States Turning to Gambling to Help Budget Woes

Monday, April 12, 2010

Casino chips (Jam Adams/flickr)

States across the country are struggling with billions of dollars in budget gaps. Now many of them are looking at ways to raise revenue by expanding some form of gambling. Massachusetts is considering a bill that would license two resort-style casinos and bring slot machines to four of the state’s racetracks. 

In this first story of a pair we're doing this week on the subject, we speak with Sean Corcoran, reporter for WCAI public radio in Cape Cod, about what residents in Massachusetts think of the proposal for expanded gaming in their state. Richard McGowan, a professor of economics at Boston College and the author of several books on gambling, including “Dividing the Spoils: States and the Gambling Industry,” considers the cost of what has been called our nation’s addiction to gambling dollars.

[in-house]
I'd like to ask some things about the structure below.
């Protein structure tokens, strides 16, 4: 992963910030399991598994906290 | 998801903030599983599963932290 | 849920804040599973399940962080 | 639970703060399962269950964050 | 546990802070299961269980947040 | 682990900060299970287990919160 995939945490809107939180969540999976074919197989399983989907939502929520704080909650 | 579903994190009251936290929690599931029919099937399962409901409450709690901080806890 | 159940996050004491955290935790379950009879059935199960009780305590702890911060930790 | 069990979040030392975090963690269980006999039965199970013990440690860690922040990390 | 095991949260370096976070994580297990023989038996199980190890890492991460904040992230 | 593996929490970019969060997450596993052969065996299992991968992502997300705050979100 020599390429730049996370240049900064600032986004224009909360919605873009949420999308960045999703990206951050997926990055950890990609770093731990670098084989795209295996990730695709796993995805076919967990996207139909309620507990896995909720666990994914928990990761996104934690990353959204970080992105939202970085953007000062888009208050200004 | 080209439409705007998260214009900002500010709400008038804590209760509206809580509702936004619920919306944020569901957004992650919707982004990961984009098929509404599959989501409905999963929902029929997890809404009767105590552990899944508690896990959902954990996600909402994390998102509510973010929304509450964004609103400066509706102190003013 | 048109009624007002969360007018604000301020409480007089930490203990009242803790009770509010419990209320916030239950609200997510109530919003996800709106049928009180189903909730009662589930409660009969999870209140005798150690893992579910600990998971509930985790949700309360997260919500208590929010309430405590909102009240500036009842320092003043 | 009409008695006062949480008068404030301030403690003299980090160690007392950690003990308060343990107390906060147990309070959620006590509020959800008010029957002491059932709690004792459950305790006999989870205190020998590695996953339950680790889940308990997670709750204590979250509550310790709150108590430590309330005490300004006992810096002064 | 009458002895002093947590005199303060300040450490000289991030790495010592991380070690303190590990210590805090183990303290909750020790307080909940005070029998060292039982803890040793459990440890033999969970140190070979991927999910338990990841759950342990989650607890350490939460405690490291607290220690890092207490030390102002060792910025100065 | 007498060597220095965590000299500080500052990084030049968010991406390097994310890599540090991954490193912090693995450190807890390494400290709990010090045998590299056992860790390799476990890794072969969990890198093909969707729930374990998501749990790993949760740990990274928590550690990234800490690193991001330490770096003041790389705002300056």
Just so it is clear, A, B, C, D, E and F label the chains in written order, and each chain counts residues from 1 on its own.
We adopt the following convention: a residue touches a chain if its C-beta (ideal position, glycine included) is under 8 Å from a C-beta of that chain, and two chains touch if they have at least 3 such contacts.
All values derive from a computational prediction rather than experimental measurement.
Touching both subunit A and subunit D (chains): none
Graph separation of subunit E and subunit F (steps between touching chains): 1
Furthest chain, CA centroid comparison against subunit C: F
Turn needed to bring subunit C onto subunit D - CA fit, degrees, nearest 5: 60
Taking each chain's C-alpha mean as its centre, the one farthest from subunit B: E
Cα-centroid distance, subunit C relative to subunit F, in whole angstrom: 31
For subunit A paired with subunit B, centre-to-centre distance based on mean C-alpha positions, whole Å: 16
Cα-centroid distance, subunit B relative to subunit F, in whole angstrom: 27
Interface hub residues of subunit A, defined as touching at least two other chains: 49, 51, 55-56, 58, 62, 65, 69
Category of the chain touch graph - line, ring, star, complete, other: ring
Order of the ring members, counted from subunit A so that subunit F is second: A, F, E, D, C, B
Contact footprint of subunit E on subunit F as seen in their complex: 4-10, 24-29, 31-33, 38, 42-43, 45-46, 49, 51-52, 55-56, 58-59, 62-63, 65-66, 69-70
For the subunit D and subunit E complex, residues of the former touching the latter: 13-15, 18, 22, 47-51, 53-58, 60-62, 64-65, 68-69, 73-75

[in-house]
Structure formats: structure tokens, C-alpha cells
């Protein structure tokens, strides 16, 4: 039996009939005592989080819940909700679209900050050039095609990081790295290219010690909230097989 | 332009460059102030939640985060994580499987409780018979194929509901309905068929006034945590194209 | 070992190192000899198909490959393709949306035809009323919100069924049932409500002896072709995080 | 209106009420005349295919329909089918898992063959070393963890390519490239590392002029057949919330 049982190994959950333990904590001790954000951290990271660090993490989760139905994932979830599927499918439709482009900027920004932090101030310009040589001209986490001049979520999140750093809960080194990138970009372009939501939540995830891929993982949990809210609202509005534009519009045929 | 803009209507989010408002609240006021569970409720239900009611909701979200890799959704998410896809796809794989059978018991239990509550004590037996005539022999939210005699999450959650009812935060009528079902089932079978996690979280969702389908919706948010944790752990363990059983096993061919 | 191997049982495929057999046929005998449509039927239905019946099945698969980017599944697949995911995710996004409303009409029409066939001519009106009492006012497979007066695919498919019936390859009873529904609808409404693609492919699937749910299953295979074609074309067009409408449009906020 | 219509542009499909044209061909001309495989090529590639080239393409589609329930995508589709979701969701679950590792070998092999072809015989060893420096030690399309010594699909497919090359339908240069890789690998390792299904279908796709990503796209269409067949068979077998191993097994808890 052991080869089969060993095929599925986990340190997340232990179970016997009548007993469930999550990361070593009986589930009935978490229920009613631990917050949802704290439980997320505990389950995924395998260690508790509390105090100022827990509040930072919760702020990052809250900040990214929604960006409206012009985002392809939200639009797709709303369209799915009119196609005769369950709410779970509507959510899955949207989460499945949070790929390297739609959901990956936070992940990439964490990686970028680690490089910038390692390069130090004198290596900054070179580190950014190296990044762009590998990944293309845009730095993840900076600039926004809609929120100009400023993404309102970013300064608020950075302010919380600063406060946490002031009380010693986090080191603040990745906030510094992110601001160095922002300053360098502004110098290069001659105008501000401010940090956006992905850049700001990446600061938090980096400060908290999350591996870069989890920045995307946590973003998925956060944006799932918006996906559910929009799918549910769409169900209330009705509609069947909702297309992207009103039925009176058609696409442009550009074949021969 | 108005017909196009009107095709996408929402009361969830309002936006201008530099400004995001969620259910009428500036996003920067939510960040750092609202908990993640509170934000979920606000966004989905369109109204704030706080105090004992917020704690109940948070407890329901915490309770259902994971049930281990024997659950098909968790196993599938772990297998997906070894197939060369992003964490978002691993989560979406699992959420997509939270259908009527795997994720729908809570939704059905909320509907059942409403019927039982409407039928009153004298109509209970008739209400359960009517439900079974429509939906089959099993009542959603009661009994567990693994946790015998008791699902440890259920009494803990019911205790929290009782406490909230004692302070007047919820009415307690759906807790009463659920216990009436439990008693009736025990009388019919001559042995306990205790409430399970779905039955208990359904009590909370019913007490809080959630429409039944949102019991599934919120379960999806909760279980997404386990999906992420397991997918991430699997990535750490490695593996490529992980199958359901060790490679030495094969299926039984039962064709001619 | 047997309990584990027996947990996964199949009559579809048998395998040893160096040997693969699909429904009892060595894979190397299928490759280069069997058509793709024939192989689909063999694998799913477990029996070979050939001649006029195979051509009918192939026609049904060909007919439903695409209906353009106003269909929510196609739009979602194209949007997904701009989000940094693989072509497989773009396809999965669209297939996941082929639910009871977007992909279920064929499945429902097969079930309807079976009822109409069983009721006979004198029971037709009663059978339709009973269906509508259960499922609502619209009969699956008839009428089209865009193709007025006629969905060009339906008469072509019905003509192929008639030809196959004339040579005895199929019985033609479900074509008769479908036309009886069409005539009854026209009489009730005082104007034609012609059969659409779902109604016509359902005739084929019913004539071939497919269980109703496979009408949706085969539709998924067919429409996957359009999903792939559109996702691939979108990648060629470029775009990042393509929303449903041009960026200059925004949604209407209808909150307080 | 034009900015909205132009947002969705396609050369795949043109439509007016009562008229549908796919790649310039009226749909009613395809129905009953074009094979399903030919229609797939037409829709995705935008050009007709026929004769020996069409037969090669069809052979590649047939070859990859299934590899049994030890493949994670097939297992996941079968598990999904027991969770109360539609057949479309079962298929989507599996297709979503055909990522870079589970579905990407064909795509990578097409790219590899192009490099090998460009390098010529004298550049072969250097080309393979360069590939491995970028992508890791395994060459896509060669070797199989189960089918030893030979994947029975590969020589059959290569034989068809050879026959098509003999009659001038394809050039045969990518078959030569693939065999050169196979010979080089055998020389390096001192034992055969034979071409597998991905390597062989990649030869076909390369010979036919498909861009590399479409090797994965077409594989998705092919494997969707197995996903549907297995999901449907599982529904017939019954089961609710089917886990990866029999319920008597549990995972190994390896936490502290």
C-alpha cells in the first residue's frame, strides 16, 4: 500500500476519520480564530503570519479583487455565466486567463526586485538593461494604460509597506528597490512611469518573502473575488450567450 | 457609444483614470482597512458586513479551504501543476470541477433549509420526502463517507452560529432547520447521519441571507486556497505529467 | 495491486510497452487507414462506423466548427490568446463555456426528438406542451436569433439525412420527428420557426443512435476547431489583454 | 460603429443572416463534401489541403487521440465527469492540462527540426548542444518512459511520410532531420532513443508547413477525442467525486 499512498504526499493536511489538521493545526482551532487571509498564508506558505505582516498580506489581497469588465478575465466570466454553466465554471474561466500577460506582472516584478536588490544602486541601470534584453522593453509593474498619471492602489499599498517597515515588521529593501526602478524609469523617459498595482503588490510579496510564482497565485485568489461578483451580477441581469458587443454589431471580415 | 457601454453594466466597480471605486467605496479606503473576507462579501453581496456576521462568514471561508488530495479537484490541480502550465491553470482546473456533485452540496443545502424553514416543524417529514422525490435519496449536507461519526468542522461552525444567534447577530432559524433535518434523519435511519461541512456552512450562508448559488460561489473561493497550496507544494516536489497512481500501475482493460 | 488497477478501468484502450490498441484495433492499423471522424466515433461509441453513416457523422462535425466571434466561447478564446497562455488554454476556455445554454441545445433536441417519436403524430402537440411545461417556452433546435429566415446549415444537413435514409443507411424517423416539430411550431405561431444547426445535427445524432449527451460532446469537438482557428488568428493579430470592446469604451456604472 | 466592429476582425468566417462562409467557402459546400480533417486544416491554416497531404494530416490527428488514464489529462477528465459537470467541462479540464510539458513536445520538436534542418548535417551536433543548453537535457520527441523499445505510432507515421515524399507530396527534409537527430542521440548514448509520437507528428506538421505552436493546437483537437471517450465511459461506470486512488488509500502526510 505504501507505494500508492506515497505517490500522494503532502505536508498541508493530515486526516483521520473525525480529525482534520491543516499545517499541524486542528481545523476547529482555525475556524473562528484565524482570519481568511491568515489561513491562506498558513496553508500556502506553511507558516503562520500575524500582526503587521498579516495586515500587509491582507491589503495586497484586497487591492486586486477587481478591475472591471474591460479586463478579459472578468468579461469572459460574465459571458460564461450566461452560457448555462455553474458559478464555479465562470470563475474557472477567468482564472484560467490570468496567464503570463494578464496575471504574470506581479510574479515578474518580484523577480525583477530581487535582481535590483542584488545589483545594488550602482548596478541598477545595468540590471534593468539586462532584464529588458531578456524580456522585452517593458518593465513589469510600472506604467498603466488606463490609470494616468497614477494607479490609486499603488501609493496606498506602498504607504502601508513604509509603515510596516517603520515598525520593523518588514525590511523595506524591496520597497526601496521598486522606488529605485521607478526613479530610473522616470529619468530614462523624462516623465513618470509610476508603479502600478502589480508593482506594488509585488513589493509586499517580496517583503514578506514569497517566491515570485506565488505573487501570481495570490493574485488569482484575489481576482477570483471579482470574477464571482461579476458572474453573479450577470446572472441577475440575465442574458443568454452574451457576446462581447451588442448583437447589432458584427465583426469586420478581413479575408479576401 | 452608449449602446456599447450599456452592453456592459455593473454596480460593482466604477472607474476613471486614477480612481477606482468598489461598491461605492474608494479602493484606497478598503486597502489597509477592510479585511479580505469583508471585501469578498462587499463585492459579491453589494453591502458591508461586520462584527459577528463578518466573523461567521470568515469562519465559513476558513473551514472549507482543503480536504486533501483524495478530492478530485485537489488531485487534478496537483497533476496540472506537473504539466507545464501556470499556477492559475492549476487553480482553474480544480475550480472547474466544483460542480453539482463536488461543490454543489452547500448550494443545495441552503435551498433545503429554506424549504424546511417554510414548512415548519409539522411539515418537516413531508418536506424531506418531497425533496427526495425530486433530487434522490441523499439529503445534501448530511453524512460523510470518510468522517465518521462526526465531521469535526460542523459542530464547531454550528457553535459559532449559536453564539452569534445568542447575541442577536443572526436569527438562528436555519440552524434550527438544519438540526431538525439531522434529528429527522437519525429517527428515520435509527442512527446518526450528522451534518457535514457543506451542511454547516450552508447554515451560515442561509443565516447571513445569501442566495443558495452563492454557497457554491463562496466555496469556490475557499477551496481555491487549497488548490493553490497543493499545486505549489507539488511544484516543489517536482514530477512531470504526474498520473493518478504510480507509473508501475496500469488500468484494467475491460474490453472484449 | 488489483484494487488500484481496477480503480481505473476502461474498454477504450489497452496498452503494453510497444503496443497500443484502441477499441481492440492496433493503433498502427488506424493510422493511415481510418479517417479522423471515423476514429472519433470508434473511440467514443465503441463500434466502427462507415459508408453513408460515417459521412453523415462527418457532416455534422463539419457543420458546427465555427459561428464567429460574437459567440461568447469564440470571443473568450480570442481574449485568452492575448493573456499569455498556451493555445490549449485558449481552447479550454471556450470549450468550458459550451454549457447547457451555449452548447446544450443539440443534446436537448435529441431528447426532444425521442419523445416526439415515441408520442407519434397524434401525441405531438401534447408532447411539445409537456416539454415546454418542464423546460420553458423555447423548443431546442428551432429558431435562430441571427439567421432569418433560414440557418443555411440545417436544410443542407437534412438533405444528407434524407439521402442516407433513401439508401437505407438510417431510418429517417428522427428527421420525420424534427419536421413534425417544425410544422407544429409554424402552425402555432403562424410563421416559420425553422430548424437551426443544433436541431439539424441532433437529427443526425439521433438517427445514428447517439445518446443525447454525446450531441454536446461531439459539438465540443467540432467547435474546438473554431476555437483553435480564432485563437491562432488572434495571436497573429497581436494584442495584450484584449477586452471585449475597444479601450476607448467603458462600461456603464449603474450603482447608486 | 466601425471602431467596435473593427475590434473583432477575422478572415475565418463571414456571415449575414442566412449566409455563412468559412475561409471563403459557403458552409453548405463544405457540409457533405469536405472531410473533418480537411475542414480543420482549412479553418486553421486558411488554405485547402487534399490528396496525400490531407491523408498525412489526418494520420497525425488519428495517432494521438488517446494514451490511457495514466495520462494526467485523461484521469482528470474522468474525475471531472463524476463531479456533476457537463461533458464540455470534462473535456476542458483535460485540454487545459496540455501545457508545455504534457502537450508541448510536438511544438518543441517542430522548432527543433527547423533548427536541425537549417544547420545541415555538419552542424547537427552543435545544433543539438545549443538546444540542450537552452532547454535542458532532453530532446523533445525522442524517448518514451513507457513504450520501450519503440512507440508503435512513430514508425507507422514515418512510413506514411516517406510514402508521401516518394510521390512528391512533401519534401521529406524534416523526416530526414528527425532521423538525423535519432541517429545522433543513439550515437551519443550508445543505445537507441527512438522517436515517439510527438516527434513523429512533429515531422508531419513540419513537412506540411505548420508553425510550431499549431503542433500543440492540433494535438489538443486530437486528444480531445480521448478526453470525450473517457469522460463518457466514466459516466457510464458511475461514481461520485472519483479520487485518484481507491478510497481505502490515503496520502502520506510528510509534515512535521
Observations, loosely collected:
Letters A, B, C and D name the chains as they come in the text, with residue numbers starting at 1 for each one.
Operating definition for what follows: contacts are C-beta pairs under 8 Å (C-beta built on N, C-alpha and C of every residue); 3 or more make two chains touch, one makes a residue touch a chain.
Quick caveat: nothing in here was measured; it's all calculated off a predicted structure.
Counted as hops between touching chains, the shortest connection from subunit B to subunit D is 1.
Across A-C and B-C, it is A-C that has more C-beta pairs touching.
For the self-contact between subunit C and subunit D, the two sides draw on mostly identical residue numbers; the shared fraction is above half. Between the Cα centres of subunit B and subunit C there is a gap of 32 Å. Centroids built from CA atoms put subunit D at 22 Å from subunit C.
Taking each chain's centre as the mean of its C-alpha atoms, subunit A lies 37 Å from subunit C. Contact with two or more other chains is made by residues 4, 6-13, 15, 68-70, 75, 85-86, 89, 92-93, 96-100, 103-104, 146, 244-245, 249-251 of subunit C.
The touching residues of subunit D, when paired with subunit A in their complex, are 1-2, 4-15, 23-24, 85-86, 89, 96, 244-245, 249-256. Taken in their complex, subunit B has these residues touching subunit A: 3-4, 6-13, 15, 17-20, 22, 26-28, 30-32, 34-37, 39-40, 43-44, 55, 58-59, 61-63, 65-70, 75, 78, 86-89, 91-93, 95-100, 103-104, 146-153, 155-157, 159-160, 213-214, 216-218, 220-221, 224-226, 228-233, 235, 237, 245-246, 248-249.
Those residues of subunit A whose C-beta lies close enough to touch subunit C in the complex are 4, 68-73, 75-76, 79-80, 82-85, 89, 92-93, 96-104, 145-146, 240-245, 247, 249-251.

Our partner WGBH is taking an in-depth look at the casino gambling debate in Massachusetts and what it means for people living and working in the Commonwealth with The Last Resort —a TV and radio series airing this week.

We asked you to start the conversation; here are some of the comments we received on FACEBOOK:

Bruce Freeburger: No. Gambling sucks money from many and gives it to the few. Also, gambling just destroys ambition. Why work and save when you are told you can just win? But you can't win. It's really a poor revenue raiser too.

Herschel M Rothman quotes a sign posted in a high school mathematics department office: "Lottery - a tax on people bad at math"

Kevin Fitzpatrick:  I have no problem with gambling, but I don't believe that States should view it as a valid revenue stream. It should be regulated and taxed, but I don't think it is a silver bullet for government budget woes.

Guests:

Sean Corcoran and Richard McGowan

Produced by:

Elizabeth Ross

Comments [1]

Frank Lilly from Silverthorne, CO

If governments feel that they need to resort to peddling vice in order to balance their budgets, why not go all the way - they could pimp prostitution, sell marijuana - any number of things! It is the job of government to discourage vice, not profit from it, and thereby encourage it.

Apr. 13 2010 08:32 AM

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